In the public interest: accountability of the state and the prosecution of crimes

Research strand coordinator: Dr Christophe Paulussen

This research strand will examine i) the accountability of states - individually and collectively (for instance at the level of the United Nations or the European Union) - in light of public interest standards in the context of counter-terrorism; and ii) the prosecution of individuals for international and transnational crimes in the public interest. Moreover, to ensure both the accountability of the state and the prosecution of individuals, this strand will also investigate iii) the role of journalists, the (new) media, human rights NGOs and academics in protecting and promoting public interest standards.

Researchers

Visiting fellows

Interns

Research themes
State action finds legitimacy in its representation of (the interests of) the public. Governments often justify their actions by invoking public interests. Public prosecution of transnational crimes, such as terrorism, and international crimes, such as war crimes, crimes against humanity and genocide, finds legitimacy in the protection of public interests. Adoption by some states of contemporary counter-terrorism measures (such as deprivation of nationality or the policy not to repatriate foreign fighters and their families detained in camps in North East Syria) are often justified as being in service of ‘the public interest’, in casu national security. That also holds for the repression in other states of critical actors with dissenting opinions on state-forged societal narratives (such as human rights defenders, journalists, political opponents, minority groups and academics). While measures and policies may on the one hand be taken to pursue one (understanding of a) public interest, they may violate public interests as articulated as/in international (human rights) law and the rule of law, and hence merit scrutiny. 

In the coming years, this research strand will examine the responses of states – individually and collectively – to alleged terrorists and suspects of international and transnational crimes; as well as those to a very different category, viz. of critical societal actors such as journalists. It will investigate the justifications for these responses, the role and meaning of (the) public interest(s) in these justifications, and assess these responses’ compatibility with international (human rights) law and the rule of law. It will be guided by the following three research lines:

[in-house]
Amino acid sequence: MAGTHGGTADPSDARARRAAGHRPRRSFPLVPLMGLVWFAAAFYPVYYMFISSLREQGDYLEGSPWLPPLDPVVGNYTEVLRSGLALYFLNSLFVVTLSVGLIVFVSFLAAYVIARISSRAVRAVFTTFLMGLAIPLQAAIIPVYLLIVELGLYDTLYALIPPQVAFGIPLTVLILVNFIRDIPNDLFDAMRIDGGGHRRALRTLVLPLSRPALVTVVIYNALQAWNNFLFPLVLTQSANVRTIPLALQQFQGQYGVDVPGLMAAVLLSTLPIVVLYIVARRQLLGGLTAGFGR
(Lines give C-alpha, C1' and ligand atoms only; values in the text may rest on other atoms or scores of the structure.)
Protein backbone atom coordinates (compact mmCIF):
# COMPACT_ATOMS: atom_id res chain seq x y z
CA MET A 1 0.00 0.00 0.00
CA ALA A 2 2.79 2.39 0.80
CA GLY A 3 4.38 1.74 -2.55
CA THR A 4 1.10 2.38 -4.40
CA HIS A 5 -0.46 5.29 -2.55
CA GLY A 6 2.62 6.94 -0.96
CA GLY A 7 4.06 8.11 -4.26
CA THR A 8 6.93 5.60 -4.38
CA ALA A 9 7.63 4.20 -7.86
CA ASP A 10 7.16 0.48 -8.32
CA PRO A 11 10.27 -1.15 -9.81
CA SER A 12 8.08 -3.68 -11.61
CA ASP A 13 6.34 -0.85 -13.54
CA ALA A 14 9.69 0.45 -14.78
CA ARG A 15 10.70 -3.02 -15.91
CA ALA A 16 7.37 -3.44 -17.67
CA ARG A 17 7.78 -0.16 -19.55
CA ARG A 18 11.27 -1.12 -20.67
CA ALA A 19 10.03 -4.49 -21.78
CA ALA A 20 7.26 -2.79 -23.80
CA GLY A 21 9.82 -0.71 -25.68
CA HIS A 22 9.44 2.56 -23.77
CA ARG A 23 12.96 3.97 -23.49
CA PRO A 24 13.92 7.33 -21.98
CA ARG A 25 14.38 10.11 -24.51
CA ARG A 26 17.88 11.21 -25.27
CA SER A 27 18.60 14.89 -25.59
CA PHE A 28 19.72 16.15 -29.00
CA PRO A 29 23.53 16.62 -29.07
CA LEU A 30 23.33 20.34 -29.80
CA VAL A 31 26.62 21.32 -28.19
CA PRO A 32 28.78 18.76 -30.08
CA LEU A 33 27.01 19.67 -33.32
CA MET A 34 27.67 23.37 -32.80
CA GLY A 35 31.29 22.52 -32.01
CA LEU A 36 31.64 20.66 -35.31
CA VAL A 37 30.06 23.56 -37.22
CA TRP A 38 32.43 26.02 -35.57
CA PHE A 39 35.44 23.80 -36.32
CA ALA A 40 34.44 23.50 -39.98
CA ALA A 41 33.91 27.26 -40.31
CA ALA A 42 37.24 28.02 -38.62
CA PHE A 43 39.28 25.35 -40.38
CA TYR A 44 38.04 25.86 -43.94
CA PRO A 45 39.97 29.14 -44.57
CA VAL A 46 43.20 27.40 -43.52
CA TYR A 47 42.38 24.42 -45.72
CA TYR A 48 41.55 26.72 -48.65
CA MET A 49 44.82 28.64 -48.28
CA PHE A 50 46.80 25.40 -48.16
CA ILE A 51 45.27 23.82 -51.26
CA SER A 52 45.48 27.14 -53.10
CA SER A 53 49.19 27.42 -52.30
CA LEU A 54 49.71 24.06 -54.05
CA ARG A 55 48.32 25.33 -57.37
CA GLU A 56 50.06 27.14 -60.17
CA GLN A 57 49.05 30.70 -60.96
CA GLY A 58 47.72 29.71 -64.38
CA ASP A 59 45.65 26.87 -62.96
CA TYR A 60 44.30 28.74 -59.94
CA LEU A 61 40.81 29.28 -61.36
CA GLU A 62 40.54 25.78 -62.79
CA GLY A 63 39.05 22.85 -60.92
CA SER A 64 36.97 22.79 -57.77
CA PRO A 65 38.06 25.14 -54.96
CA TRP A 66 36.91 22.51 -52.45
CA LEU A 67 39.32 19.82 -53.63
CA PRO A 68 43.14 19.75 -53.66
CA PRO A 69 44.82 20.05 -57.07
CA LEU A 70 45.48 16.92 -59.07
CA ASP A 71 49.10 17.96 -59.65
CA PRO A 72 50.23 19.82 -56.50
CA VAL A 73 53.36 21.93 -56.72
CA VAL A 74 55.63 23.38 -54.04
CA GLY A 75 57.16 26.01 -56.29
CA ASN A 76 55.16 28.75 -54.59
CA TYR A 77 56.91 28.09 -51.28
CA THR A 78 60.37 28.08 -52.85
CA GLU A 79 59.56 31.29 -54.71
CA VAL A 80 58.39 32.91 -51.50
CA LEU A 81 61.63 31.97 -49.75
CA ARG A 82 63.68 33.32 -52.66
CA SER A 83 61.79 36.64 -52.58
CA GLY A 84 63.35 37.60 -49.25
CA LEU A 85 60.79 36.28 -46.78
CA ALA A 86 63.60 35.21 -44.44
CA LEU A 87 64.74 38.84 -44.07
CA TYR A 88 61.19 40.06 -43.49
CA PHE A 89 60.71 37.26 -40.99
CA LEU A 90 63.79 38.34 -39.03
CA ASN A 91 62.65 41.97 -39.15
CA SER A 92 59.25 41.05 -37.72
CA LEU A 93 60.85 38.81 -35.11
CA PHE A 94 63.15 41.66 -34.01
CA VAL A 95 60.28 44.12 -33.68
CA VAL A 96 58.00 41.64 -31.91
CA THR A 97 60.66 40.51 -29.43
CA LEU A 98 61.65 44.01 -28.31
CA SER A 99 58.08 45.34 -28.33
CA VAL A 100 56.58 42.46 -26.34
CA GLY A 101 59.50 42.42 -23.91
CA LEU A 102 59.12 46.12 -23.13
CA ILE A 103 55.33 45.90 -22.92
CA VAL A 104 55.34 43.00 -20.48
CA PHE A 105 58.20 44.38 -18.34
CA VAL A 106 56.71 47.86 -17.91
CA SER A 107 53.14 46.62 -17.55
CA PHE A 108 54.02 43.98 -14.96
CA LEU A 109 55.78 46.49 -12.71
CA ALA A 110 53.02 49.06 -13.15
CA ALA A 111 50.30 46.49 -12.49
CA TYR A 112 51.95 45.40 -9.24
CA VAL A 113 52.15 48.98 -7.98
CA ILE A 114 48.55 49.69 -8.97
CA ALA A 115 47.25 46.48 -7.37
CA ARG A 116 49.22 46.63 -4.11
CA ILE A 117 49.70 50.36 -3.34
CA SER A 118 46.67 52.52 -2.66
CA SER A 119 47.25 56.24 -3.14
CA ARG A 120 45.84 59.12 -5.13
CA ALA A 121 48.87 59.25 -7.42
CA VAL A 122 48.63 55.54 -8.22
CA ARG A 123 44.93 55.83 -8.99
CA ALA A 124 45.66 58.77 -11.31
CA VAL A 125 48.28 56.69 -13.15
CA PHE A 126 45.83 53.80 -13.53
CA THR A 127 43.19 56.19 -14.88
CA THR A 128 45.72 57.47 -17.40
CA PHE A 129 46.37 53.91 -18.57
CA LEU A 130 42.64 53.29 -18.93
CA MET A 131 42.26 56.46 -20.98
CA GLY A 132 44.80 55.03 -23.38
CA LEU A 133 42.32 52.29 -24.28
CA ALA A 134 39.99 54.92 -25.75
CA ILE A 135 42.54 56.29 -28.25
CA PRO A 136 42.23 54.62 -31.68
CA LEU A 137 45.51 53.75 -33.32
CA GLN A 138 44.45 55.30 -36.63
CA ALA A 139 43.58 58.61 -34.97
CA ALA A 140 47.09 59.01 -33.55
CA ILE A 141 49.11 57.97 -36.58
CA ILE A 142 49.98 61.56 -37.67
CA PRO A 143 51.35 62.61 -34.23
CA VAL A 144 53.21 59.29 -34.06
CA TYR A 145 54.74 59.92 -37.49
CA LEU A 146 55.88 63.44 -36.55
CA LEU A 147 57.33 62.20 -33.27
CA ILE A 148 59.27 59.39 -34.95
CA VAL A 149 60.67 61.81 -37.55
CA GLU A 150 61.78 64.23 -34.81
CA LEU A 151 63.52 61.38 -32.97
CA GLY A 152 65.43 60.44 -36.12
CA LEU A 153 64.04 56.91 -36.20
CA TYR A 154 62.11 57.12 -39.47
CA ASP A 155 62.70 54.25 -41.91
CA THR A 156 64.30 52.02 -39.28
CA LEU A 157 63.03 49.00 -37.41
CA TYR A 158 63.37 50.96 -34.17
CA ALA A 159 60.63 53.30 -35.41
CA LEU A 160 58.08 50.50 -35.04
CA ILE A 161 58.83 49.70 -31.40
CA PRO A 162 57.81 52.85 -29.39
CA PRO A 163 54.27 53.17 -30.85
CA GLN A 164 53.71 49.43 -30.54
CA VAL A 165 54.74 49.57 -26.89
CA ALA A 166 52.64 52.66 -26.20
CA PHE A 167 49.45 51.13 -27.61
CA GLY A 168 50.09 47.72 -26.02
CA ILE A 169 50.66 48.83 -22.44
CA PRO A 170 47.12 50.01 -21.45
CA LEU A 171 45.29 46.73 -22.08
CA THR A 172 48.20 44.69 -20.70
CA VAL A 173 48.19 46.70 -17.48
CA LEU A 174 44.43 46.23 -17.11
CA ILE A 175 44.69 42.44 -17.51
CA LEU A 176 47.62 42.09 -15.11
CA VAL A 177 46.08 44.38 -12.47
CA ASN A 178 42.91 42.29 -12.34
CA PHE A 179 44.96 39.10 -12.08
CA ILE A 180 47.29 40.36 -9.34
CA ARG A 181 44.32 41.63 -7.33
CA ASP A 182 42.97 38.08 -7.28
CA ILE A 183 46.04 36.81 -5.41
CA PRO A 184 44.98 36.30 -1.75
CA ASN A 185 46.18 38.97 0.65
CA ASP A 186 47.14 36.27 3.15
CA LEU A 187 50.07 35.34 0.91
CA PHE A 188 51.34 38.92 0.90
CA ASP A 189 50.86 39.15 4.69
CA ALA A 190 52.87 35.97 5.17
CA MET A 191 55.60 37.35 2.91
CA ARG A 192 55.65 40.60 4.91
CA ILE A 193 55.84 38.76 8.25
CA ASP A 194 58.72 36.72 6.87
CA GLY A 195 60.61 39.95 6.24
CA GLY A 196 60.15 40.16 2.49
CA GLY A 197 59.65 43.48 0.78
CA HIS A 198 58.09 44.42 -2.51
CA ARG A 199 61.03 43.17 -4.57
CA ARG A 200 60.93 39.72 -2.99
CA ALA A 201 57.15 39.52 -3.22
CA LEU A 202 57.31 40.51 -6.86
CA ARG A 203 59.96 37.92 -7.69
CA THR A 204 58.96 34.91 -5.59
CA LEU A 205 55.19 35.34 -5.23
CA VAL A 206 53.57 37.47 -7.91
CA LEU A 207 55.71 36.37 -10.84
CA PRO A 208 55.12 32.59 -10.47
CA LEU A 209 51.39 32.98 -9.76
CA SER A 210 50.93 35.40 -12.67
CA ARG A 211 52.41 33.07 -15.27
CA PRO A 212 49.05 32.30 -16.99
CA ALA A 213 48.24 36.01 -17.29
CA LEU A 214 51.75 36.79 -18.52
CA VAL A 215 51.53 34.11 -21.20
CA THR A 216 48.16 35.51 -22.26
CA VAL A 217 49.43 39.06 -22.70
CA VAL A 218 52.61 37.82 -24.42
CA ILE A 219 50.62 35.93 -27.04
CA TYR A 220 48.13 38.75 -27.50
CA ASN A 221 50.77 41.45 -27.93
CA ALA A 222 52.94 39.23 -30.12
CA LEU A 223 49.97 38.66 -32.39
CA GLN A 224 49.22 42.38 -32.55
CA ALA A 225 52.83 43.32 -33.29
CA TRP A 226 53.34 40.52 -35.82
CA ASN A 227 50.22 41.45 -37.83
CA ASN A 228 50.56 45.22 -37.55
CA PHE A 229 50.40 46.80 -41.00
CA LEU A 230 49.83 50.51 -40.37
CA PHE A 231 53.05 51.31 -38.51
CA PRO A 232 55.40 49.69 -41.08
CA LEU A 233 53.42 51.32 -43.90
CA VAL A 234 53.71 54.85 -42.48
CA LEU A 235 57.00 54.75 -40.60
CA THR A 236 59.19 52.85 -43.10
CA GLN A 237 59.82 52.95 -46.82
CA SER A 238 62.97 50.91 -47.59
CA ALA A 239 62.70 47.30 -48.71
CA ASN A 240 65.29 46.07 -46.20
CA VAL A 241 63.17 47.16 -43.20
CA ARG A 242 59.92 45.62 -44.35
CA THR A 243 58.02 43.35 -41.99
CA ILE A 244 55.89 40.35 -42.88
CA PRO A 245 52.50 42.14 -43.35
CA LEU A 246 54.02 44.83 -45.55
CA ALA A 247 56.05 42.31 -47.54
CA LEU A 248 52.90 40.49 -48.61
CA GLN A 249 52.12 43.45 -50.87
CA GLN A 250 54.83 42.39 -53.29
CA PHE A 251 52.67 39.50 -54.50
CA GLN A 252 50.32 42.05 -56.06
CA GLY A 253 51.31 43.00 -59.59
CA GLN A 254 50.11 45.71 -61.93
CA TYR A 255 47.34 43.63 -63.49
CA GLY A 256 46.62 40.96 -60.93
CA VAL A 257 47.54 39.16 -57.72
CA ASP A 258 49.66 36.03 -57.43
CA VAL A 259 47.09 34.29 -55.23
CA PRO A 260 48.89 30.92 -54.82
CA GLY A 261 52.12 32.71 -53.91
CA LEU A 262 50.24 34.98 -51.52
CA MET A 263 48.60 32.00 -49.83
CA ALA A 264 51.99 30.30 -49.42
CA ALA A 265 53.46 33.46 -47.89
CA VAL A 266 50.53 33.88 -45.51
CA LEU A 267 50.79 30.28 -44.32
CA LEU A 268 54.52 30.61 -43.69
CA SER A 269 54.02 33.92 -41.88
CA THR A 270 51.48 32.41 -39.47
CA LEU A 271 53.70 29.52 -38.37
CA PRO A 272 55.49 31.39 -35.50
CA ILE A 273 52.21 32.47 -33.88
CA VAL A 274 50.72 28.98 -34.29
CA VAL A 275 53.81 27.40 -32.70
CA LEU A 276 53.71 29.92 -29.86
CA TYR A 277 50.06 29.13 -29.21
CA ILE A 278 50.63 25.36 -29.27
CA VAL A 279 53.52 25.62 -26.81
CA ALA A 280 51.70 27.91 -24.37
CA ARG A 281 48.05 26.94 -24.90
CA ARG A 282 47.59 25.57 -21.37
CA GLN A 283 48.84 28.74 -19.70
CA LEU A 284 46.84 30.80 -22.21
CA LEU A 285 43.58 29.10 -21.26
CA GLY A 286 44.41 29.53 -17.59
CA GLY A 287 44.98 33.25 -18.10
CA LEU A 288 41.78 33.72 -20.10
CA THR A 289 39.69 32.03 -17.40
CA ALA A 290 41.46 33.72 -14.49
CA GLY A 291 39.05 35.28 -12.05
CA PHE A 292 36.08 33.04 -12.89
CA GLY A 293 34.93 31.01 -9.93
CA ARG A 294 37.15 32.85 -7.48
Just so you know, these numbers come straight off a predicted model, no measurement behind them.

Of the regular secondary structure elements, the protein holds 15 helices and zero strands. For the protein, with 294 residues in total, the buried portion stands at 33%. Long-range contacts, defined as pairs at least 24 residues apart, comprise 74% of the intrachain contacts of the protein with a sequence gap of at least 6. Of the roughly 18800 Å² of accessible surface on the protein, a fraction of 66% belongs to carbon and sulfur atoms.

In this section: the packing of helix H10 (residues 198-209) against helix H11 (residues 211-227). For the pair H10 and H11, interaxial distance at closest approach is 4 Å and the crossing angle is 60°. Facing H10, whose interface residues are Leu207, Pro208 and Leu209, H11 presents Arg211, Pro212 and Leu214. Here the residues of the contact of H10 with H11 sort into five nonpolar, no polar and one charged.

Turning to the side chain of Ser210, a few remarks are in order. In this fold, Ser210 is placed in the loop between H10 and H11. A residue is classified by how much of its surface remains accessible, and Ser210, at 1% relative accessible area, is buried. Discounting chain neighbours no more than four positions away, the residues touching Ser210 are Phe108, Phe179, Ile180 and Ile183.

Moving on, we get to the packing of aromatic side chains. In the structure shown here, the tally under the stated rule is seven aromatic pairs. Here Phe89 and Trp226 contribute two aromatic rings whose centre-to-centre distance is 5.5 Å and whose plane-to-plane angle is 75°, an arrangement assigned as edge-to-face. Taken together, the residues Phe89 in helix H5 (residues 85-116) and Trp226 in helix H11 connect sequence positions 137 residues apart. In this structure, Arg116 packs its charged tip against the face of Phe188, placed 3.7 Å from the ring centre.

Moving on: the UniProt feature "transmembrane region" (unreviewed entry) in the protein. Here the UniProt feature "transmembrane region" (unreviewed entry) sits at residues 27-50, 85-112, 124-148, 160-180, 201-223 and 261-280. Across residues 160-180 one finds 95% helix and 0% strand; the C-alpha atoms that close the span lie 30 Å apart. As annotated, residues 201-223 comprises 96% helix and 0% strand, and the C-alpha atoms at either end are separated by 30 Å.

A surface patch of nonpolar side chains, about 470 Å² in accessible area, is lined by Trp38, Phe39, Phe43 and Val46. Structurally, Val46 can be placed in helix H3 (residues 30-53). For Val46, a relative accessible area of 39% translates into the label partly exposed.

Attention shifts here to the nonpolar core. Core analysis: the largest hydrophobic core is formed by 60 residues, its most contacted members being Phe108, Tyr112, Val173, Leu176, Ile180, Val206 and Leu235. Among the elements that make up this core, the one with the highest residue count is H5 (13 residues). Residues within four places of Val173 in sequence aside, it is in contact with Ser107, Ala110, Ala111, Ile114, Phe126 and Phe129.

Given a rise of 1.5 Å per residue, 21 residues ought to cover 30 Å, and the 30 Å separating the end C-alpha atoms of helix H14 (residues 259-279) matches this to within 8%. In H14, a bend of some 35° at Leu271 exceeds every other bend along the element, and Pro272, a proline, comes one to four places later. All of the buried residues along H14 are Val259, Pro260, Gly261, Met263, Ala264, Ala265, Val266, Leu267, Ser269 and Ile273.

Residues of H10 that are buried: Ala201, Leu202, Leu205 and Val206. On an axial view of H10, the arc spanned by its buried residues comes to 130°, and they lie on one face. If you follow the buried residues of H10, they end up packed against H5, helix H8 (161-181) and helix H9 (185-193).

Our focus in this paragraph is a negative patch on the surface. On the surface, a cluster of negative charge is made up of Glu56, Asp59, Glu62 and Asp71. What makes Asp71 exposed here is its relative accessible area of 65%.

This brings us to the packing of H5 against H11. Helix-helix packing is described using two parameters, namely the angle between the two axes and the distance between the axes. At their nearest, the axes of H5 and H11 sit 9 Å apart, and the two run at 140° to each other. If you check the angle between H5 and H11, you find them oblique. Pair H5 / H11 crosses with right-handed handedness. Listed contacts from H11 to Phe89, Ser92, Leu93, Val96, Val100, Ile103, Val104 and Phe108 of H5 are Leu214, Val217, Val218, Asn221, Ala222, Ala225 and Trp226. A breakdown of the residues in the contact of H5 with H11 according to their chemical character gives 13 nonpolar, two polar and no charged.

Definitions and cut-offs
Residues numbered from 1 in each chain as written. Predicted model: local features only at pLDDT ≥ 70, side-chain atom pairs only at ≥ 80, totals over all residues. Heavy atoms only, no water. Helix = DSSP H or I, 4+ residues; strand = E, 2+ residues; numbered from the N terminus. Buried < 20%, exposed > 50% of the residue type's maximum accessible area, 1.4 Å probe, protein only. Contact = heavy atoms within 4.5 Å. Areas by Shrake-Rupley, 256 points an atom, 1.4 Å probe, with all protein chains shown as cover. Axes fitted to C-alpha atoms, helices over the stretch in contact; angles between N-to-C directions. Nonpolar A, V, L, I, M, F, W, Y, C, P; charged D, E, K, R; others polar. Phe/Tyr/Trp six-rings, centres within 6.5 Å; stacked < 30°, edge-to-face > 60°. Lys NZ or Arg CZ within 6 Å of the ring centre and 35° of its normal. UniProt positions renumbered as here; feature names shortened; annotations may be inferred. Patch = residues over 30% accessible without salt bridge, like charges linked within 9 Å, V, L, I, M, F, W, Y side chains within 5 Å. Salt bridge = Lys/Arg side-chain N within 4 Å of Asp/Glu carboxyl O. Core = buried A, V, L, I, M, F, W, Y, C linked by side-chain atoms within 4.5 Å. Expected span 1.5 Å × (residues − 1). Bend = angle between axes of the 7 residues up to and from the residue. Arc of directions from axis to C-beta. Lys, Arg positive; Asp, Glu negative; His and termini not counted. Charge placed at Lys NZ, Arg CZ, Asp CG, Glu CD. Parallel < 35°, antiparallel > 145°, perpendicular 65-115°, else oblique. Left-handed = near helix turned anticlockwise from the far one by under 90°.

1. The accountability of states – individually and collectively – in the light of public interest standards in the context of counter-terrorism. Public interest justifications of counter-terrorism measures and policies, in particular national security, will be critically examined against public interest standards, such as international (human rights) law and the rule of law. Broader questions of the measures’ effectiveness, for instance in terms of protecting national security in the long run, will also be addressed. A specific focus area will be the context of the post 9/11 hyper-securitisation, with its significant expansion of surveillance tools and resulting digitalisation of individual identities.
  2. The prosecution of individuals for international and transnational crimes in the public interest. Sub-questions falling under this research line include how states can bring suspects of international and transnational crimes to justice in a way that comports with public interest standards of international (human rights) law and the rule of law, while at the same time critically questioning the references to public interest as a justification to legitimise overzealous prosecutions. The research strand will also focus more on the implications of new technology and artificial intelligence for traditional criminal law concepts and the establishment of criminal responsibility. It will expand its research focus to include study of criminal responsibility for the degradation of the world’s environment, either via international criminal law (ecocide) or transnational criminal law.
  3. The role of journalists, the (new) media, human rights NGOs and academics in protecting and promoting public interest standards. This research line will encompass sub-questions of how societal actors can assist in for instance monitoring violations and thus help in bringing both states to accountability and individuals to justice, but also how crimes against journalists and disinformation can be tackled.

We will continue to combine critical reflection with input from and relevance to practice. Our work is supported by a number of multi-annual projects, including:

Moreover, this research strand will continue and expand its valorisation activities that has brought it the reputation as a go-to place for topical research and policy discussions on contemporary issues; through its lectures series, summer programmes, masterclasses, freely accessible databases, inter-university networks and commentary in the (inter)national media.

Asser Nexus on conflict and crime
Check out the Asser Nexus on Conflict and Crime, which brings together information about the work of the T.M.C. Asser Instituut in the field of conflict and crime. Find all information about the interconnected fields of International Humanitarian Law (IHL), International Criminal Law (ICL), Transnational Criminal Law (TCL) and Legal Aspects of Countering Terrorism (LACT).